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The Progressive Left adores Harry Potter, analogizing nigh endlessly from the books and it is easy to see why. Open-carrying deadly weapons, a select subset of children attend a highly traditional and successful private school with barely a speck of government oversight. These lucky few inhabit an exceptional realm cut off from the rest of the world by a physical wall, lest those from the outside wish to share in the benefits of a magical society.
When the government does introduce itself in the third book, it proves itself a feckless and overly rigid one. Eventually, the wizarding bureaucracy succumbs to infiltration by malign forces, becoming a minority-oppressing, authoritarian police-state from the fifth book through the end of the seventh. Only by violent resistance is this reprehensible government is deposed and replaced. What’s more, the author of the book series, J.K. Rowling, maintains that that those born with male anatomy are men and that those born with female anatomy are women. Truly a progressive’s utopia, this world of Harry Potter seems to be.
Even the parts of the books that, at first glance, seem ideologically progressive can be shown to be less so. Hermione Granger, the bushy-haired friend of Harry, looks to effectively unionize the house-elves because she considers their living situation—wearing airy loin-clothes and working for no pay—oppressed. In true “progressive ally” fashion, Hermione ceaselessly attempts to force the elves to be something they are explicitly unwilling to become, going so far as trying to trick them into freedom. What this says about the so-called “ally” may be left to the reader, but suffice it to say that both the description of the elves as enjoying indentured servitude and the white savior’s being rebuffed seems hardly to be a narrative that would be much popular on the Left. Let it be said that Dumbledore’s treatment of the elves was inspired. Those elves who wished for freedom and pay received it, while those who thought it undesirable to work for pay were treated fairly and left to live as they pleased.
The two most despicable characters in the series, Dolores Umbridge and Voldemort, have a couple of things in common. They both desire absolute power and use an acquiescent government—one with no apparent foundational document enumerating the rights of all people—as the mechanism by which to effect their desired outcomes.
Oddly, Umbridge is cast as the most contemptible of the two characters. While the reader is shown that Voldemort was once a charming and promising young man whose hunger for power consumed him, Umbridge is only described as a loathsome assault upon one’s faculties without a sympathetic trait to be found. A life-long bureaucrat, she lives to write oppressive, vindictive legislation and delights in the suffering of those upon who her decrees fall most heavily.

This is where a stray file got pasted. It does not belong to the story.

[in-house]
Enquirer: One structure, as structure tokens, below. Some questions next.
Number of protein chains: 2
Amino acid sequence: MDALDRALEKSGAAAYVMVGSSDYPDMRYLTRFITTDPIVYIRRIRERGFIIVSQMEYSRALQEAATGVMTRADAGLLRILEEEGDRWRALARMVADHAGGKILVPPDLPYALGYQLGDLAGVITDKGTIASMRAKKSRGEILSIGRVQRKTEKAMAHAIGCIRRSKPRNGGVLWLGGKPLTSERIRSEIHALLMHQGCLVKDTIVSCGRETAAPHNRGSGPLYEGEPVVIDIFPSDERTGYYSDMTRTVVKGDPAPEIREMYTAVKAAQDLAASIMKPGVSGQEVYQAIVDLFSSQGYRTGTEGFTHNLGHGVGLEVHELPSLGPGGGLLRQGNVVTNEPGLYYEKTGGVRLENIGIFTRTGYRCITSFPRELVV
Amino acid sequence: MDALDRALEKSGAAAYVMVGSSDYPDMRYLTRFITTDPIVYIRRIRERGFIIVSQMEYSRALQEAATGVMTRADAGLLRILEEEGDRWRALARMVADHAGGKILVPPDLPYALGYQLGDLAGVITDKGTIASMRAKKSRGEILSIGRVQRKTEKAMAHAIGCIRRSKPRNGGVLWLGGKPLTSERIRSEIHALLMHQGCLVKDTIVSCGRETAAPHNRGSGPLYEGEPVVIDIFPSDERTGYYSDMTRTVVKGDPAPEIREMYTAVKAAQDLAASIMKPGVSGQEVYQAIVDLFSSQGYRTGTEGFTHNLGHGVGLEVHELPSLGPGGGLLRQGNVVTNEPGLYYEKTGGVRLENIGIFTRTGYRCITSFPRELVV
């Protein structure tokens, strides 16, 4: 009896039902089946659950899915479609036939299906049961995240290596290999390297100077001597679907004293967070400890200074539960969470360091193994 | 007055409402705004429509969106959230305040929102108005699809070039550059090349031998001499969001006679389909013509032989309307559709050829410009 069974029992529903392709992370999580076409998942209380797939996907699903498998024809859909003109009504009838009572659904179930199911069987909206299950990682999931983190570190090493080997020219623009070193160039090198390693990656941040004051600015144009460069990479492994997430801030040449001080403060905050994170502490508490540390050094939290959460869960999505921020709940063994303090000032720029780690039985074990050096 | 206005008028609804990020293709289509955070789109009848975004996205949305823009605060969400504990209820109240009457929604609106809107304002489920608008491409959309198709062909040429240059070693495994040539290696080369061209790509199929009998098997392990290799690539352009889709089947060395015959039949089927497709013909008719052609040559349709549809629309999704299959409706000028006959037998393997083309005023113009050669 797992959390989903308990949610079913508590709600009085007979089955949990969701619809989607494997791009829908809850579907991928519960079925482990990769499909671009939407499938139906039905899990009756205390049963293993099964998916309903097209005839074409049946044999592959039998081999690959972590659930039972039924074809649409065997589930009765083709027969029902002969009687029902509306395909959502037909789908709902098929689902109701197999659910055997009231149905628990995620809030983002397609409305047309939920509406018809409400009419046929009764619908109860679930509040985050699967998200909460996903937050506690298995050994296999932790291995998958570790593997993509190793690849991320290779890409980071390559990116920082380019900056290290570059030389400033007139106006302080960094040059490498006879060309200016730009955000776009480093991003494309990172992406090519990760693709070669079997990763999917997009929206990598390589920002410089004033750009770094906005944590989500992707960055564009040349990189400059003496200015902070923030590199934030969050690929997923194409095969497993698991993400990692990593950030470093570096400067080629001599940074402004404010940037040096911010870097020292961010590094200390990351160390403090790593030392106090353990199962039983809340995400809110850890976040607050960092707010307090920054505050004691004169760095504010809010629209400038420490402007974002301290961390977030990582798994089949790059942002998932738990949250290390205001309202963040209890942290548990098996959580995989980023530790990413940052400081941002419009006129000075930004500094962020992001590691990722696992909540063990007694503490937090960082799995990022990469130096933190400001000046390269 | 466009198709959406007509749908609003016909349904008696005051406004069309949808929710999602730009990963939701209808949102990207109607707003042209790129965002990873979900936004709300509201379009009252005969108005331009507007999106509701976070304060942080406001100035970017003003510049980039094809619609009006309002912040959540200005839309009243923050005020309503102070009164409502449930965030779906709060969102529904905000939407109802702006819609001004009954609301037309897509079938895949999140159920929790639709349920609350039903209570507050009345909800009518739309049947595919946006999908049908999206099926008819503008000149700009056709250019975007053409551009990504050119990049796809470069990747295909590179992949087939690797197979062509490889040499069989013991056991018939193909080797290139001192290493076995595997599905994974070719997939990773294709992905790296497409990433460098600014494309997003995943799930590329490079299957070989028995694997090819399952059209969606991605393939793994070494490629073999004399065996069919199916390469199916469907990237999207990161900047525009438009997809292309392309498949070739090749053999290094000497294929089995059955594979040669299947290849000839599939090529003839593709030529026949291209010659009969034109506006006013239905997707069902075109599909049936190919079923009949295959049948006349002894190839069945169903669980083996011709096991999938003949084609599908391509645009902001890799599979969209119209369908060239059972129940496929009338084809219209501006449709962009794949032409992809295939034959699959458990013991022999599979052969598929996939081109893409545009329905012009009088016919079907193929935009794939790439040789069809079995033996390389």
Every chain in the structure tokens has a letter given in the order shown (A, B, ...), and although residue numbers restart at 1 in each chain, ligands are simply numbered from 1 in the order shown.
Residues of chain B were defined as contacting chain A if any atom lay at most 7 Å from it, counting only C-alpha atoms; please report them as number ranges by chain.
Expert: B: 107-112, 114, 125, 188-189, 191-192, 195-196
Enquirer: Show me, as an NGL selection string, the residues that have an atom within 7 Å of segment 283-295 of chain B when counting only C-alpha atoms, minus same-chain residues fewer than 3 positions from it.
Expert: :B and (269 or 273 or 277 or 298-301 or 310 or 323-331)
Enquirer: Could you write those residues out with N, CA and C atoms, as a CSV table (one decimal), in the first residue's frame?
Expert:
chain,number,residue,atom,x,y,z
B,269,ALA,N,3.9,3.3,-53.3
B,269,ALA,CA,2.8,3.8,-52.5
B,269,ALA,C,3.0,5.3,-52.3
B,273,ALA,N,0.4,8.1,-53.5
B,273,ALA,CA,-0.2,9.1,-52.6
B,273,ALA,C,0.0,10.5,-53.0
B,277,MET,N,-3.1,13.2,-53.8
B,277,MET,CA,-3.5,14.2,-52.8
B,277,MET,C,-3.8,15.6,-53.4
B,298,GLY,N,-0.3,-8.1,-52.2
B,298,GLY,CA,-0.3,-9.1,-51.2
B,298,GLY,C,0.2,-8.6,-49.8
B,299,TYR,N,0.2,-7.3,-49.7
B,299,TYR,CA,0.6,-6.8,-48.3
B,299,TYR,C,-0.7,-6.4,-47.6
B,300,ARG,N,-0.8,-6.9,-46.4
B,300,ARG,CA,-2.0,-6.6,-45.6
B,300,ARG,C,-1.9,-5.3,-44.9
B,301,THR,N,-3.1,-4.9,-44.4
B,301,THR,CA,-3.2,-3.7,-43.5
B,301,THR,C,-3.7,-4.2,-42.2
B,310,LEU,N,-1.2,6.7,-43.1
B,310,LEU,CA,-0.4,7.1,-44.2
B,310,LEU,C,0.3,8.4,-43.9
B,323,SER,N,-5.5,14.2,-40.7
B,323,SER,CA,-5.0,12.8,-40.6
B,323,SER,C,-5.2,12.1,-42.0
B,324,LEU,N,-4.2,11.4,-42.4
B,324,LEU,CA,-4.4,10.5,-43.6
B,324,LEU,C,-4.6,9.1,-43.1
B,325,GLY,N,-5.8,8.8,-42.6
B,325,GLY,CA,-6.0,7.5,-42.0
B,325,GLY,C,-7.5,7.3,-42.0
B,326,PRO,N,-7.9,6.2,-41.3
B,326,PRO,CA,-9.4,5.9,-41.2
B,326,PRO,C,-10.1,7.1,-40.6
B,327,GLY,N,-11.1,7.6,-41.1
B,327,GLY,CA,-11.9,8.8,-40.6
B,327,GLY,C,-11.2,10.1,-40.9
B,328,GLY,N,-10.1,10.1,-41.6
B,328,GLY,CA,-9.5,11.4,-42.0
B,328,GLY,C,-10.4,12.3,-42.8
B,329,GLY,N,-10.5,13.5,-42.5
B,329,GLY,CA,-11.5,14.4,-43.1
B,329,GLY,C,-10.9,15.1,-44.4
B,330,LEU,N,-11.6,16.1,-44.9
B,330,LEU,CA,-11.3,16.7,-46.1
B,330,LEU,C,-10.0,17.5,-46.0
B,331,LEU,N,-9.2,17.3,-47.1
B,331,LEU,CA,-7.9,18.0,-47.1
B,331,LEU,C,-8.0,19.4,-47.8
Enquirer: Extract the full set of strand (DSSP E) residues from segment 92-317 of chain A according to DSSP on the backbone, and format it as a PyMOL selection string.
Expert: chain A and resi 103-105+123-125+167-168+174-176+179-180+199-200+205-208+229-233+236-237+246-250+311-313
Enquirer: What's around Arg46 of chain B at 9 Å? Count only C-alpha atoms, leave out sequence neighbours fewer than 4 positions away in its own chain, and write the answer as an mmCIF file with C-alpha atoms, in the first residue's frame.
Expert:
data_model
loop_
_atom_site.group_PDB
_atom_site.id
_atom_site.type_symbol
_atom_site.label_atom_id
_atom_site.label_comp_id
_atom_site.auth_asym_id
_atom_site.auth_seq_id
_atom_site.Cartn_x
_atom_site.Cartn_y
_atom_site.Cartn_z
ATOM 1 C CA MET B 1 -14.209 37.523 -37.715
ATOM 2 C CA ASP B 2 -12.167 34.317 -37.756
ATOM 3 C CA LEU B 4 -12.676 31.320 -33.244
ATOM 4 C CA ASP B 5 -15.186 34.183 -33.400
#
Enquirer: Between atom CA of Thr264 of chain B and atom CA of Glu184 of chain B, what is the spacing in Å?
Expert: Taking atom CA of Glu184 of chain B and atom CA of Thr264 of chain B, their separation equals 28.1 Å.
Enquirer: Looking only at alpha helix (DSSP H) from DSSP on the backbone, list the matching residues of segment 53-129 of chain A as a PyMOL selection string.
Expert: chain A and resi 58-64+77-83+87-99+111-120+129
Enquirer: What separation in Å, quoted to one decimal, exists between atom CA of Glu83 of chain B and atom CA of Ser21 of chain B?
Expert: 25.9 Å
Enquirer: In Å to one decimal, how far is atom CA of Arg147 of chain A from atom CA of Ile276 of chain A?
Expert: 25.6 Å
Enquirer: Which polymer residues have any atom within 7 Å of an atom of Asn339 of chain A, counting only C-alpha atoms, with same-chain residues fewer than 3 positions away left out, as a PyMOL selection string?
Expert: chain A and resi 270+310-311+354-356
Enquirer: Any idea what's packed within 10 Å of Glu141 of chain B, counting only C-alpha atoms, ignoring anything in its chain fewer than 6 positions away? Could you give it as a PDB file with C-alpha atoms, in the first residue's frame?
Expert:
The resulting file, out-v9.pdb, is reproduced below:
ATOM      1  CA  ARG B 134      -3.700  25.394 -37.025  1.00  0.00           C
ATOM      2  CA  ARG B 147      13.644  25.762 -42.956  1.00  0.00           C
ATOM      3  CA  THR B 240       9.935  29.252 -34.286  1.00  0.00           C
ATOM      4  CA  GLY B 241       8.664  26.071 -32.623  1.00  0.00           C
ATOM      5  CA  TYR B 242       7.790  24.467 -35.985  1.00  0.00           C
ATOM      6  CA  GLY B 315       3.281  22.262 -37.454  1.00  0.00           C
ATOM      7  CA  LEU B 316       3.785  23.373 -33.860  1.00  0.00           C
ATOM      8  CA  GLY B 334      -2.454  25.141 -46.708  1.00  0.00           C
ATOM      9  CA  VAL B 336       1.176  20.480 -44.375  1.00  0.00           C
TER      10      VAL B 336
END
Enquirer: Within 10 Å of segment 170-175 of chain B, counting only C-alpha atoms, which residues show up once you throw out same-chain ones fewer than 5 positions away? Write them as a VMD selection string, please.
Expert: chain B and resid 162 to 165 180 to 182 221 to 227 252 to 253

Given the series’ questionable progressive bona fides, why does the Left insist upon using the series to explain events in the real world? The charitable explanation would sound something like this: the Harry Potter series is a cultural touchstone for many people between the ages of ten and forty who read it as youths and young adults. The analogies that can be drawn from the series are easy to follow with minimal explanation. In effect, Harry Potter supplants the Bible and Shakespeare as the analogous font from which writers draw to explain current happenings for their readers.
Swapping in the Harry Potter series for the Bible makes some practical sense as the plot is in many ways a simplified, secular retelling of Christ’s story, specifically of the crucifixion, resurrection and Pentecost. During an interview in 2007, Rowling confirmed that the Christian imagery in Harry Potter was intentional. This is deeply ironic, considering a series that garnered such irate howls from fundamentalist Christian groups, in the end, intentionally reinforces the axioms they most desire to be espoused. Rowling’s repackaging job has made a religious account—with all the attendant baggage—wholly more palatable for a religiously-diverse international audience.
This, then, is the strongest argument for the use of Harry Potter as a source of literary analogy compared to more mature alternatives: that the Left are intentionally looking for the most widely-read and understood books with which to make their point, albeit through an imprecise, muddled medium given the relative immaturity of the series. It asks too much of a young adult’s work of fiction to explain the world’s complexities.
The less charitable explanation for the use of Harry Potter is it may well be the last, or most morally complex, book the writer or celebrity has ever read; laughable were it not so depressing. Furthermore, it denotes a lack of reading comprehension. To take a book series that repeatedly promotes the value of tradition, familial expectation and anti-authoritarian revolt and turn it into a vehicle for opposing mild immigration restrictions requires admirable mental elasticity.
The issue here is neither Harry Potter’s message, nor the Left’s desire to use literature to illustrate their points better. Instead, it is the flagrant misrepresentation and use of a young adult book series in a quest for political power that cannot hold up to any degree of scrutiny or patience.